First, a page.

Employers looking to hire abroad tend to compare the pros and cons of potential candidates in terms of employment costs and other benefits. In the case of the UK, legal conditions are rather beneficial for employers and social security contributions are quite low compared to other European countries.
What’s more, the UK offers foreign employers a huge pool of young, talented workers who stream into the country from all over the world in order to complete their studies at one of the UK’s many top universities and who join the UK’s workforce after completing their degrees.
It is mandatory to provide new employees with a written statement outlining the basic terms of employment which must include:
- Compensation (in GBP)
- Working hours
- Annual leave
- Sick pay
- Severance pay
- Notice period
However, it is common practice for employees and employers to negotiate a proper employment contract. Although most employment agreements are concluded for an indefinite period, fixed-term agreements are also possible.
UK labour law does not regulate the length of probation periods. In practice, employers and employees usually agree on a probation period between three and six months.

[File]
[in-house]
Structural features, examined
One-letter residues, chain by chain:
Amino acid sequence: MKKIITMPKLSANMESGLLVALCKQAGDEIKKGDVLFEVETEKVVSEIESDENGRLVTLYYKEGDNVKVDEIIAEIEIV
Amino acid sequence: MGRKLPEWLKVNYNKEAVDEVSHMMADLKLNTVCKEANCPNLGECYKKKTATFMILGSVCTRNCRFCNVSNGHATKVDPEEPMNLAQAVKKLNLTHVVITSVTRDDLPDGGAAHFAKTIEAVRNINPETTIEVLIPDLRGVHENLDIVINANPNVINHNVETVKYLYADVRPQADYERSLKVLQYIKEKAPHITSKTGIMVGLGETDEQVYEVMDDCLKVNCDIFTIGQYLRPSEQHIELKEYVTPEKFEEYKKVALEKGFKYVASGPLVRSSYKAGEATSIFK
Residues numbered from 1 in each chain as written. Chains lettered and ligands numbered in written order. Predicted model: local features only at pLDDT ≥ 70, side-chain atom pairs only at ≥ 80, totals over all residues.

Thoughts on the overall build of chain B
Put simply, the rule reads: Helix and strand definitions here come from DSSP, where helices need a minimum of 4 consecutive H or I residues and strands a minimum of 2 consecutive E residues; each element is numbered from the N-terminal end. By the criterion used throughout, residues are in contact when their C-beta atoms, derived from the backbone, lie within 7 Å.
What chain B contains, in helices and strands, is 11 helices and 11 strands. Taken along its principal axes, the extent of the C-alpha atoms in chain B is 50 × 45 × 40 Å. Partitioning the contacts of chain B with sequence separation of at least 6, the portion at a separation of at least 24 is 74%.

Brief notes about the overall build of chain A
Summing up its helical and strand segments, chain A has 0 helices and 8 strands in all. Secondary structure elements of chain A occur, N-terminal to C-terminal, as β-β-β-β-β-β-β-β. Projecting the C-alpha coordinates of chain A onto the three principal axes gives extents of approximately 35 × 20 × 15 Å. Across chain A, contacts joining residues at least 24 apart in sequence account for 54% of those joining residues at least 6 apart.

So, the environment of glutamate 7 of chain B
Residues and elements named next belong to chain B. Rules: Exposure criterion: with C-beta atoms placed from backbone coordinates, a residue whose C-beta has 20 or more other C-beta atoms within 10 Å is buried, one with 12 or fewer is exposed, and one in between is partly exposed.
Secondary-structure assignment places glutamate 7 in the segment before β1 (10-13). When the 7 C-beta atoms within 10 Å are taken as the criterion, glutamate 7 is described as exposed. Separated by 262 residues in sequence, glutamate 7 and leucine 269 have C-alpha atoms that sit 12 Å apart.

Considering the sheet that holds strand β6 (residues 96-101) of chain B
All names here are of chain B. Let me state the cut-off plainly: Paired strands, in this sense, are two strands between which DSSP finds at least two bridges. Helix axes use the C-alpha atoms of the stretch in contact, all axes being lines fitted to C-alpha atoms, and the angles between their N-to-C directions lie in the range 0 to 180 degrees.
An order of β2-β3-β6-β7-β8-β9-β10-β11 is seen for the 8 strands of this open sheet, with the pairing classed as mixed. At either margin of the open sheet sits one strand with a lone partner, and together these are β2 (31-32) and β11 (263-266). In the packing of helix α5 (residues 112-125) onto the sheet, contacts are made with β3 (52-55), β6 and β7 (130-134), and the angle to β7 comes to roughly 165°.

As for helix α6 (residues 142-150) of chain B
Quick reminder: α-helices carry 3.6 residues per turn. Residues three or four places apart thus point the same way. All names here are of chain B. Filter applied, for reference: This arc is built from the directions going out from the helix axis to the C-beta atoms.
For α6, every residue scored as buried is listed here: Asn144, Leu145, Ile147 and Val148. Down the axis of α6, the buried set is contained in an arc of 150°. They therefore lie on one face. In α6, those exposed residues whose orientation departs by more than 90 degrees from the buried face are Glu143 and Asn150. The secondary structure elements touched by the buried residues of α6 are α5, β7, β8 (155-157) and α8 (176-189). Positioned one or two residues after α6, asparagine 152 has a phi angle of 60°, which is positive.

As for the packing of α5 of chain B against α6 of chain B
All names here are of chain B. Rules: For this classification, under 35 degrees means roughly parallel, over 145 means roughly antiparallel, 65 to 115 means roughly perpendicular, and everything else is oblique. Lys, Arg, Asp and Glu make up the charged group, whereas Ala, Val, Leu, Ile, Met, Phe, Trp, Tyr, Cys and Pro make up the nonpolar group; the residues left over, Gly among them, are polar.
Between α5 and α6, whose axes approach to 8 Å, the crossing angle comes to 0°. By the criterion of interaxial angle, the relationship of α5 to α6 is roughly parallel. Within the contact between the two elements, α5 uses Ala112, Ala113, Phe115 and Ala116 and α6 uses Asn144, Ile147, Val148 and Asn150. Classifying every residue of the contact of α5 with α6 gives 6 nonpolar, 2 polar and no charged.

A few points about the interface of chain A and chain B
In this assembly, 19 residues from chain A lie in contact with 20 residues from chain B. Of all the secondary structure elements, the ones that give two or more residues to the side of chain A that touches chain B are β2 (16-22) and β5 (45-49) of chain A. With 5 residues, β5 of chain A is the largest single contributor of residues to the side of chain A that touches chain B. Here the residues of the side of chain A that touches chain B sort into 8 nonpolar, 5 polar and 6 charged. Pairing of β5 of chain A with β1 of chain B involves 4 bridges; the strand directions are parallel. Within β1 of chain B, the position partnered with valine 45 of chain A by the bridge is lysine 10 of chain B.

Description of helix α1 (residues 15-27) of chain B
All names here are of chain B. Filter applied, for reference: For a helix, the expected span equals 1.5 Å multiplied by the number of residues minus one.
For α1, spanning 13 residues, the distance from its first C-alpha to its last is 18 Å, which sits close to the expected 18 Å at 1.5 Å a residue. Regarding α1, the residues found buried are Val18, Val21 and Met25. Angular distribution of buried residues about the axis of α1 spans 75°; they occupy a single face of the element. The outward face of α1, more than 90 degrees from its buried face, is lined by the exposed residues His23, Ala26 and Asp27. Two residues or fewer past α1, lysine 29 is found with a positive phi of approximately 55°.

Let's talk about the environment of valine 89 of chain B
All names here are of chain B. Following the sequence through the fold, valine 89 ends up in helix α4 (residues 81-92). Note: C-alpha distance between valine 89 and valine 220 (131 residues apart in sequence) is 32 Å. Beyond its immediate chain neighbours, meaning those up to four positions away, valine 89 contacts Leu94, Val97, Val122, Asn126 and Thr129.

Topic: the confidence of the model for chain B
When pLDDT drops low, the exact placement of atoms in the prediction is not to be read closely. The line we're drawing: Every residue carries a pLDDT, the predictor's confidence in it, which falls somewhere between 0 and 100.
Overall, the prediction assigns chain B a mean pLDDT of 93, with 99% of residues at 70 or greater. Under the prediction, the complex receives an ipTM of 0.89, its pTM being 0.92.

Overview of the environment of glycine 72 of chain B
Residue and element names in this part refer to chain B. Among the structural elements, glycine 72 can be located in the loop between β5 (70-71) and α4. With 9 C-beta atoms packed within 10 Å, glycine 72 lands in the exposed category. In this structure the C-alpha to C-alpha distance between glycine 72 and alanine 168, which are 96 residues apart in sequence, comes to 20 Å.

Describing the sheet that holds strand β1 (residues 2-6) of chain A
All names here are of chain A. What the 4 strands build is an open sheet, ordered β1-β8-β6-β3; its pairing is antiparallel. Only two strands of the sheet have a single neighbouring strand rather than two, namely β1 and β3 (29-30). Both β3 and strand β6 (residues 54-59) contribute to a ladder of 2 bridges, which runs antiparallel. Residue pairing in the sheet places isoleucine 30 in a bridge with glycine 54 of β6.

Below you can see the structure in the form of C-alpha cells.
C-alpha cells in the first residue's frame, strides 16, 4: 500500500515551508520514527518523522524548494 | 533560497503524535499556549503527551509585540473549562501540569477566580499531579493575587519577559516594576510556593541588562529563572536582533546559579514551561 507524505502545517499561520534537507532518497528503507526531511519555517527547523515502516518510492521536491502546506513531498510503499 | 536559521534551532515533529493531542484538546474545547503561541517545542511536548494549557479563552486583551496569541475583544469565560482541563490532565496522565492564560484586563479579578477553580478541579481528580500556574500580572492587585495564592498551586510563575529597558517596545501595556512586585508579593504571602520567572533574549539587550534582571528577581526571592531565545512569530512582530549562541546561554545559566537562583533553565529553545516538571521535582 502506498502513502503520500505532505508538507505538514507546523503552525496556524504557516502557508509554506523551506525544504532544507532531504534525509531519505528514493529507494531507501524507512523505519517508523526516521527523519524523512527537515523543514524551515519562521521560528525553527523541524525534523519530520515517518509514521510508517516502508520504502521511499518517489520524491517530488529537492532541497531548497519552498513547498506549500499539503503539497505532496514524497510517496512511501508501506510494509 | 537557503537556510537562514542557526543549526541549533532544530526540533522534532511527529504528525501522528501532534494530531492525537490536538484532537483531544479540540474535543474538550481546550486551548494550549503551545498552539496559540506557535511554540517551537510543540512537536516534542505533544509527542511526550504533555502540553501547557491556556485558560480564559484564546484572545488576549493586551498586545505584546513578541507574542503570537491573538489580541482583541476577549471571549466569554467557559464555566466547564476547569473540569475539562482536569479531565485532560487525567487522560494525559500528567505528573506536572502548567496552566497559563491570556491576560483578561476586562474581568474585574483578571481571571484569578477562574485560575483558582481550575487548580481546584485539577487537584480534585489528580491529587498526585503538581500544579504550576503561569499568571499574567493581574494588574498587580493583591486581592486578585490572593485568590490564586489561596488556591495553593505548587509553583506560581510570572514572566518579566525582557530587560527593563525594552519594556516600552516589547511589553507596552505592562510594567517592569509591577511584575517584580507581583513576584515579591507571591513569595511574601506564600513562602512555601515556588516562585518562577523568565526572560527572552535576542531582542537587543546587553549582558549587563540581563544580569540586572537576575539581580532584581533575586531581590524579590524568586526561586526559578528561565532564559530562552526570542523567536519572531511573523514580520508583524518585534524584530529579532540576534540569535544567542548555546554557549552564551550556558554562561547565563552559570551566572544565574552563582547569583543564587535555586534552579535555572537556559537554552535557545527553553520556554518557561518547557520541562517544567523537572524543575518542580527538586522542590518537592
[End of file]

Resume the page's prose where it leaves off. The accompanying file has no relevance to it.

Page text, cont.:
Working Hours and Breaks
Employers may request their employees to work a standard 48-hour week. Daily working time is flexible and varies depending on business needs but a nine to five working day is standard for most employees in the UK. After six hours of continuous work, employees must take a 20-minute break.
Every hour worked beyond agreed weekly working hours counts as overtime. Employers do not have to pay their employees for overtime unless it is stated in the employment contract. However, they have to make sure that the employee’s average hourly pay is not lower than the national minimum wage.
It is common to pay employees on a monthly basis. In most cases, salaries are paid between the 25th and the 30th of each month.
Minimum wages in the UK depend on the employee’s age. While employees between 18 and 20 only receive an hourly minimum pay of GBP 6.45, those aged between 21 and 24 need to be paid at an hourly rate of at least GBP 8.20. For employees aged 25 and older, the hourly minimum wage is GBP 8.72 (as of January 2021).
The Statutory Sick Pay Scheme (SSP) rules that employers have to provide their employees with a minimum weekly sick pay of GBP 95.85 (as of 2020) for up to 28 weeks, starting with the fifth day that the employee is absent from work due to illness or injury. After seven days of absence, employees have to present a medical certificate.
There is no legal regulation on bonus payments in the UK. Therefore, it is up to the employer to decide whether or not to reward employees with a bonus based on personal performance or other factors.
Taxes and Social Security Contribution
Employees and employers in the UK are subject to the following tax and social security contribution rates:
19% corporate tax rate
20% VAT (standard rate)
Individual income tax rates (excluding Scotland):
0%: up to GBP 12,500; 20%: up to GBP 37,500; 40%: up to GBP 150,000; 45%: over GBP 150,000